And the gameplay is superb. Ground Zeroes provides a stellar stealth action sandbox that, while not quite up to The Phantom Pain's level of 'if you can think it, you can do it,' was an excellent taster of what was to come. There are many ways to achieve your goals, and the developers thought of everything: cutscenes change to accommodate the smallest detail. Despite the low score, rest assured that this game plays very well.

That said, it's terrible value for the money. Ground Zeroes launched for the price of $40, and even today, is being sold for $20 - $10 if you buy it as a bundle with Phantom Pain. Every one of these prices is a scam. Make no mistake, this is a demo. The story can be cleared within 45 minutes, the side ops (all using the same base) lack proper stories, and score chases/collectibles aren't a suitable incentive for the casual player.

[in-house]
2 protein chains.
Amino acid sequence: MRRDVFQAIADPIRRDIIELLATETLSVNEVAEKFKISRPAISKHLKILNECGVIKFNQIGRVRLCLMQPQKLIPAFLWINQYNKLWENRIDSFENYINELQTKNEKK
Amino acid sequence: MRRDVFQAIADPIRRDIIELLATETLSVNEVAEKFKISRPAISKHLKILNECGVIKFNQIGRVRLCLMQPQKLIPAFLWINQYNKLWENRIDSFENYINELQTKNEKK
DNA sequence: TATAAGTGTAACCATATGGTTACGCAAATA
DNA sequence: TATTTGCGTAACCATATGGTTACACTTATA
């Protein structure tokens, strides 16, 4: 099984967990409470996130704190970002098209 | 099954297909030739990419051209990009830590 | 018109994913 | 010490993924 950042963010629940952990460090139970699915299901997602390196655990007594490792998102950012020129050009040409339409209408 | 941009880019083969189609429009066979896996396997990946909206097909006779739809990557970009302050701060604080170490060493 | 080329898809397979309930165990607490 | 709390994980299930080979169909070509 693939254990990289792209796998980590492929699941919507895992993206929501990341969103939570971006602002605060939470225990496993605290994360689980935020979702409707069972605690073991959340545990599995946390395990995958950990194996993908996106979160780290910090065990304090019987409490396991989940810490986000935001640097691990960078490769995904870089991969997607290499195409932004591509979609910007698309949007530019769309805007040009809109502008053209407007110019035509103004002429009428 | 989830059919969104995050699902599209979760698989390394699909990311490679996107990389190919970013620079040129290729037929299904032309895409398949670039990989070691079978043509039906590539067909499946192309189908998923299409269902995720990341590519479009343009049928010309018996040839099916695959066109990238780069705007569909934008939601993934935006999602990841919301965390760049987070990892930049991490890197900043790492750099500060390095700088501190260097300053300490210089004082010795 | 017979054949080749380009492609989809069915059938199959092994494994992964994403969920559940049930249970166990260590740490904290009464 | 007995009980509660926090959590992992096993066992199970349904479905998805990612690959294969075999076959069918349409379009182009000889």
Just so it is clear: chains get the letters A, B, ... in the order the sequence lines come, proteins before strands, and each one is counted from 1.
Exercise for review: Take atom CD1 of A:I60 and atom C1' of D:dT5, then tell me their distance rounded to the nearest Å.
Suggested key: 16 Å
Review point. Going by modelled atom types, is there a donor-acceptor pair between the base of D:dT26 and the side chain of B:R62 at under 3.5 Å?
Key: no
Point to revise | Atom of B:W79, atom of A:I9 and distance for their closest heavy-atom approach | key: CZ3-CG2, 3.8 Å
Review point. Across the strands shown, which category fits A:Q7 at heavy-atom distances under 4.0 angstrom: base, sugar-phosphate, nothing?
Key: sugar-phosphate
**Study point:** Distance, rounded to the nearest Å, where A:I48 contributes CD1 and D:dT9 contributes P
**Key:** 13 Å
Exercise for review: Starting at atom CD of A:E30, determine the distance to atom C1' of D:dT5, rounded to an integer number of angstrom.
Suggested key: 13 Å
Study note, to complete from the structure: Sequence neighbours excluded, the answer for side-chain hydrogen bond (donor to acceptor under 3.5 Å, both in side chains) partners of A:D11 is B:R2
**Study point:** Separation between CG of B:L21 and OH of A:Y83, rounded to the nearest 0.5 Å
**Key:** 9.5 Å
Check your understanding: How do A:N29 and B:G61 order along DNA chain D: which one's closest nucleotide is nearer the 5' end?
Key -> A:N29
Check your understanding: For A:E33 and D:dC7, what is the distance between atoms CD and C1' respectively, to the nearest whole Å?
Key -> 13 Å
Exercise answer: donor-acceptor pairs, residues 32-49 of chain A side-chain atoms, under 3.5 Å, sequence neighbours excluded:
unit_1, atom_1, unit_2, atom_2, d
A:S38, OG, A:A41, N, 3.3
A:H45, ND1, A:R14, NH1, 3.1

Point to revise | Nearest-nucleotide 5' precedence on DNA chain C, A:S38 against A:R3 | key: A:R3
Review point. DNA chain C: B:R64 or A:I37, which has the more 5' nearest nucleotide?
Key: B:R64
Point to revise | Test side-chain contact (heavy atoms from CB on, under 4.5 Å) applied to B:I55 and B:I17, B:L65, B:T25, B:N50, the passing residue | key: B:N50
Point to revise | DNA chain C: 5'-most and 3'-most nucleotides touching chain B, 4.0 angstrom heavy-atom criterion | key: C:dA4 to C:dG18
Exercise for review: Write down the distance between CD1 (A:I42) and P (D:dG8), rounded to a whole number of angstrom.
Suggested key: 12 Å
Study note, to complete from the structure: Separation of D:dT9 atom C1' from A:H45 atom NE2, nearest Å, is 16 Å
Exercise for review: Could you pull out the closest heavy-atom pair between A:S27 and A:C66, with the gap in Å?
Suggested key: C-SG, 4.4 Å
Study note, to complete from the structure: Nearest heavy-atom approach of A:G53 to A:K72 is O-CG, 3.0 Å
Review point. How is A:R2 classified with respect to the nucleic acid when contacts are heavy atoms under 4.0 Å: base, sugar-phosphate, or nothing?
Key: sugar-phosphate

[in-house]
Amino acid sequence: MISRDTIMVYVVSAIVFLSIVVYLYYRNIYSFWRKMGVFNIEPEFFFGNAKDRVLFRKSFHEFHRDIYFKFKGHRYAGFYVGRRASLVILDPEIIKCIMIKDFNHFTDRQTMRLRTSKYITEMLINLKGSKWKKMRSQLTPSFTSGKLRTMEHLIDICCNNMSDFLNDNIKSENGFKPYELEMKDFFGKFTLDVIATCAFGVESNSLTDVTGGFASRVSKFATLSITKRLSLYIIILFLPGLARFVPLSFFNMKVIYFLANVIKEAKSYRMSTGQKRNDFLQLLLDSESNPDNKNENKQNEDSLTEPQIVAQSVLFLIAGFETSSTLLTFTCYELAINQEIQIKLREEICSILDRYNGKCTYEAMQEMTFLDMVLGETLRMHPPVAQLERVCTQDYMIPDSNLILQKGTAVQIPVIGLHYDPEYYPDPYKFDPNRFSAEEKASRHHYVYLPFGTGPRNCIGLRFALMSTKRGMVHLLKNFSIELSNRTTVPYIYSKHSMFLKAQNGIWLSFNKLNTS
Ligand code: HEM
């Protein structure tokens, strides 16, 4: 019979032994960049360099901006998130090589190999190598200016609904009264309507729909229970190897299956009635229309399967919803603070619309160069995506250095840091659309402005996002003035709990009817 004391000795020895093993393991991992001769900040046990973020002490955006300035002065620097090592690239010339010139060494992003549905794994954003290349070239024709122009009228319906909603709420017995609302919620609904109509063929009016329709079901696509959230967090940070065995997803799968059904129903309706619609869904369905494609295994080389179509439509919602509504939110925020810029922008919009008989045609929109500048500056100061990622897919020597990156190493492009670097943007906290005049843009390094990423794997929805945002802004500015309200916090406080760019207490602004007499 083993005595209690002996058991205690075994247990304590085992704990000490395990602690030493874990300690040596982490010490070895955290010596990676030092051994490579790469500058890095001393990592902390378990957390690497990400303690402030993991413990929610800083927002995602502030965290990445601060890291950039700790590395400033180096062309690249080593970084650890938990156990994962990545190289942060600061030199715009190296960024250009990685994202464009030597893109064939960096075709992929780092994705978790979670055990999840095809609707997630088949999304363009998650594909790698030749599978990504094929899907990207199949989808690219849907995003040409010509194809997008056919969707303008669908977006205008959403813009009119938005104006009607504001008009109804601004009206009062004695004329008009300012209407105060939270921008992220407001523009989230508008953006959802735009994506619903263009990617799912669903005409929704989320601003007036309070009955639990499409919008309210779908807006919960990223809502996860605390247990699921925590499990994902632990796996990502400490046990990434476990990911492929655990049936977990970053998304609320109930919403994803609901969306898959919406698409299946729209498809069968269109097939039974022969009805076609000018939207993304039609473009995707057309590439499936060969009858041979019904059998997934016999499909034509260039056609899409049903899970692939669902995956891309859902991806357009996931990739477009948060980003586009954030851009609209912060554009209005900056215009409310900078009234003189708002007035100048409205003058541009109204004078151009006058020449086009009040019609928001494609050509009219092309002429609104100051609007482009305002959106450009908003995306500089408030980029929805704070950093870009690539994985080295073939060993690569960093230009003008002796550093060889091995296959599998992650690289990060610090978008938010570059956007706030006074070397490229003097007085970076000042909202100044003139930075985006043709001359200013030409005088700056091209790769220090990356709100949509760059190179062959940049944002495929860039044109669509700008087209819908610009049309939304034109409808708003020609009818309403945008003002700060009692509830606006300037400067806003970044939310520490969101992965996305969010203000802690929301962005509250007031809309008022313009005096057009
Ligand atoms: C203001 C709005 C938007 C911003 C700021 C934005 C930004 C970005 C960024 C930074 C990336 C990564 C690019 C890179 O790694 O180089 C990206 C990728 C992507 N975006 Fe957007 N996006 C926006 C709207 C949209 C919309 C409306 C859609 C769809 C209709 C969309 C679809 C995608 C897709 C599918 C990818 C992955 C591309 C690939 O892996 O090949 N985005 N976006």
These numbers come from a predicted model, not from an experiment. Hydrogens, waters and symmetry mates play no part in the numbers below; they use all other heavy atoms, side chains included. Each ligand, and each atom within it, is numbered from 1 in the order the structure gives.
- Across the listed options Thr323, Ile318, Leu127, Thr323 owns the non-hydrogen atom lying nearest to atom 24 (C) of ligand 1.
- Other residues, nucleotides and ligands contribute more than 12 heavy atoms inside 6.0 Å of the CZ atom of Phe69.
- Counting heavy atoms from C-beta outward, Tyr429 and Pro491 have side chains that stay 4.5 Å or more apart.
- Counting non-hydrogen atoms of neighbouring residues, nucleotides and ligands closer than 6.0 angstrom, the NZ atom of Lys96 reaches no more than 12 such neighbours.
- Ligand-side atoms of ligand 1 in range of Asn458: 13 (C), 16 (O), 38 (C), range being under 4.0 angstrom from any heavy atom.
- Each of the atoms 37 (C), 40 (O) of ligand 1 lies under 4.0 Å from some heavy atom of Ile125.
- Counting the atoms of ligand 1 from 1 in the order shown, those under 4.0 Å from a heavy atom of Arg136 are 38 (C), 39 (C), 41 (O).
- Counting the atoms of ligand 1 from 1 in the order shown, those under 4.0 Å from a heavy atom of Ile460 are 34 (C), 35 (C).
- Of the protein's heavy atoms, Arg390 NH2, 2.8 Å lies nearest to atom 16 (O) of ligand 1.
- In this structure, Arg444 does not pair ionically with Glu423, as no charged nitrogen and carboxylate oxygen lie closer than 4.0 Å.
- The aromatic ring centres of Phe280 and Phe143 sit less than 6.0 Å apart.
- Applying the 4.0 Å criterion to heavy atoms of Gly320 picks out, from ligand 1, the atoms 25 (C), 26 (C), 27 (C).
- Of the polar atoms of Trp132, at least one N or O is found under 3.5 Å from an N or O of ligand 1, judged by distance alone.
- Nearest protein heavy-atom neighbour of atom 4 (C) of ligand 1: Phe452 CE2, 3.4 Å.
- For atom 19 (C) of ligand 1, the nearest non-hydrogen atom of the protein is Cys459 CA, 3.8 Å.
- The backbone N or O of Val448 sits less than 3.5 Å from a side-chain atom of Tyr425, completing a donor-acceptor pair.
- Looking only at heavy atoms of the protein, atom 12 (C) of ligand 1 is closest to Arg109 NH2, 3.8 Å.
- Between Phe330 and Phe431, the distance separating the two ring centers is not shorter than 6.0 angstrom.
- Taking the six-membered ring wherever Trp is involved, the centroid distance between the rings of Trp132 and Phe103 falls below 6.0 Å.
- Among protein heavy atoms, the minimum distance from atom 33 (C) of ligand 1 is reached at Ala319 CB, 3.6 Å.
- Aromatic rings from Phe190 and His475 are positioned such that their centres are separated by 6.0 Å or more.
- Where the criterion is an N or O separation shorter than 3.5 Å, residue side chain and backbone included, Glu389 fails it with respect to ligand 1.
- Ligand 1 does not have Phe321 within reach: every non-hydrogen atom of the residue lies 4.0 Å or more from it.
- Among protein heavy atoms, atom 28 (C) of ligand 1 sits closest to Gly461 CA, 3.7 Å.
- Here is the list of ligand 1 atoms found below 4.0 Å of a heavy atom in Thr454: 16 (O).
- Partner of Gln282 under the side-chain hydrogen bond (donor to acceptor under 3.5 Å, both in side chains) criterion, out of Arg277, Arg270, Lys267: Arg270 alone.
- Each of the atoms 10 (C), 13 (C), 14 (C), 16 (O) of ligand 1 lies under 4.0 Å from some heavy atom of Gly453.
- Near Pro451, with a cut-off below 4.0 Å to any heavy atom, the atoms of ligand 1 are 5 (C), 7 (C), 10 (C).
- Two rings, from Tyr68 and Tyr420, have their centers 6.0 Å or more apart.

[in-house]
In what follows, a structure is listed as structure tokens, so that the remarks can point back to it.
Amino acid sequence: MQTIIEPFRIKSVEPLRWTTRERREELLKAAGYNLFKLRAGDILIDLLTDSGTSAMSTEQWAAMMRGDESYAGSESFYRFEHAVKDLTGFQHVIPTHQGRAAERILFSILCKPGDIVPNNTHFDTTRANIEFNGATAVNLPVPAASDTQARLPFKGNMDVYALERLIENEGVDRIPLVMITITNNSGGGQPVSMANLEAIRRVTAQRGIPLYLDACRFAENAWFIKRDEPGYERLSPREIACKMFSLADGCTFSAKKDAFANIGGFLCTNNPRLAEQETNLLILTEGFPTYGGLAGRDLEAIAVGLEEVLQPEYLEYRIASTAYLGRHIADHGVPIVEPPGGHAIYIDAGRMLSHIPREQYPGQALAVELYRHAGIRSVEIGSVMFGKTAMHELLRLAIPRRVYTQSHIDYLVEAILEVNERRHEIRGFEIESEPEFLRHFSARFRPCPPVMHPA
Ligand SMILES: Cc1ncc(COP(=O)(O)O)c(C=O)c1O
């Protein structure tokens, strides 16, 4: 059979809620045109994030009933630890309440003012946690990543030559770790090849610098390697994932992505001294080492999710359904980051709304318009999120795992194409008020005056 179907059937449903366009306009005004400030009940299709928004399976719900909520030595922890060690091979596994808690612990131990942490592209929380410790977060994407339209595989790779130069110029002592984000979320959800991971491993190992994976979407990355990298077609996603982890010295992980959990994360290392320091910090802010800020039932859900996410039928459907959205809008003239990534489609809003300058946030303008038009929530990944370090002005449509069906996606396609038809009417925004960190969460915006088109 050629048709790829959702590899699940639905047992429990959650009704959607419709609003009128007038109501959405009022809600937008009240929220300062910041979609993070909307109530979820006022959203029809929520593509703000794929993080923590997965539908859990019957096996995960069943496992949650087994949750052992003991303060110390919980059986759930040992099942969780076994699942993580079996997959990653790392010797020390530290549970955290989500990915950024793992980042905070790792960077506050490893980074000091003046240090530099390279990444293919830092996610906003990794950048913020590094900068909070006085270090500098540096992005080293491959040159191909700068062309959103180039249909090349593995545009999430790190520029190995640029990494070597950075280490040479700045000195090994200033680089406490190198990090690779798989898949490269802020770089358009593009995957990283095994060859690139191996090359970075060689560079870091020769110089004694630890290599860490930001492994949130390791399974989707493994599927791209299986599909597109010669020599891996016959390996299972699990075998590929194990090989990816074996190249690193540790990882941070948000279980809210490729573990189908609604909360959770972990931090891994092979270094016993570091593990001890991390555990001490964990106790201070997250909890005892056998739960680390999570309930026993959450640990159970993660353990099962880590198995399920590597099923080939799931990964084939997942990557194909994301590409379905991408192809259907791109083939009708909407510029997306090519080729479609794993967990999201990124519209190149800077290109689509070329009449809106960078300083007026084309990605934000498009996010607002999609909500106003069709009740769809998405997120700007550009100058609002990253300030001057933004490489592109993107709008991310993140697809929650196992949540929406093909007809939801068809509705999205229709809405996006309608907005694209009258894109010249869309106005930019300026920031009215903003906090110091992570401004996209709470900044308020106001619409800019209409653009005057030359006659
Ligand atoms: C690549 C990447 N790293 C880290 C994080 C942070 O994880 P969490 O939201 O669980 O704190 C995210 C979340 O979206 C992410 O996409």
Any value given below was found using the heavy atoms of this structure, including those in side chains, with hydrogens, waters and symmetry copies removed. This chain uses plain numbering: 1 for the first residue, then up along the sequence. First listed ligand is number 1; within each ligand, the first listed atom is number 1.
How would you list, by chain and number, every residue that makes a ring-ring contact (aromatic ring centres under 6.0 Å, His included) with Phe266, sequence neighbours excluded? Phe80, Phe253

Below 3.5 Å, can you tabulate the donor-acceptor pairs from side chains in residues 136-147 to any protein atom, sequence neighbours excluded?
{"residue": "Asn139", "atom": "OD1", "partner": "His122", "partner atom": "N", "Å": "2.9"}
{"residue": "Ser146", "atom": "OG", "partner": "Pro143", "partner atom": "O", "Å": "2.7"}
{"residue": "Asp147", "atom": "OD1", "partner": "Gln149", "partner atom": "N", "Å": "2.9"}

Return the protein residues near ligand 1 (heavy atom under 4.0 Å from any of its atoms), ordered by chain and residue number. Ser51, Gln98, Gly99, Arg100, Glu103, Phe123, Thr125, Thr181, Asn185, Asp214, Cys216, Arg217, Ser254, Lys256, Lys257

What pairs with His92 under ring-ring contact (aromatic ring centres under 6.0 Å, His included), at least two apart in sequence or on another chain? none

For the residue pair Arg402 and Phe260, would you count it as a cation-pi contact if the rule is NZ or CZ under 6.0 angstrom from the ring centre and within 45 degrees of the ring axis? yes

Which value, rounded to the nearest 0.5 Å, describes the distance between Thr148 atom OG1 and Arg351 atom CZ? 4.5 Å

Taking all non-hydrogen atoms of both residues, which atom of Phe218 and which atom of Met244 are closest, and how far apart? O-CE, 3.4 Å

It would have made sense if Ground Zeroes had been released as a free demo, or included in The Phantom Pain as a prologue chapter. There are a few players who claim to have hundreds of hours in it, but the only explanation I can think of is that they left their PC on all night. Even if you sieve this game for every morsel of material, it adds up to a few hours at best. Unless you're a completionist, you won't get your money's worth buying this game at full price. And here's the thing: you don't have to impose these conditions while purchasing other games. It's usually bad form to judge a game's value by its length, but here it's justified.

The long and short of it is, Konami found a way to fuck it up once again. It's a shame that a game with such high production value was handled by a company whose unofficial motto is: "Where there's a will, there's a slot machine."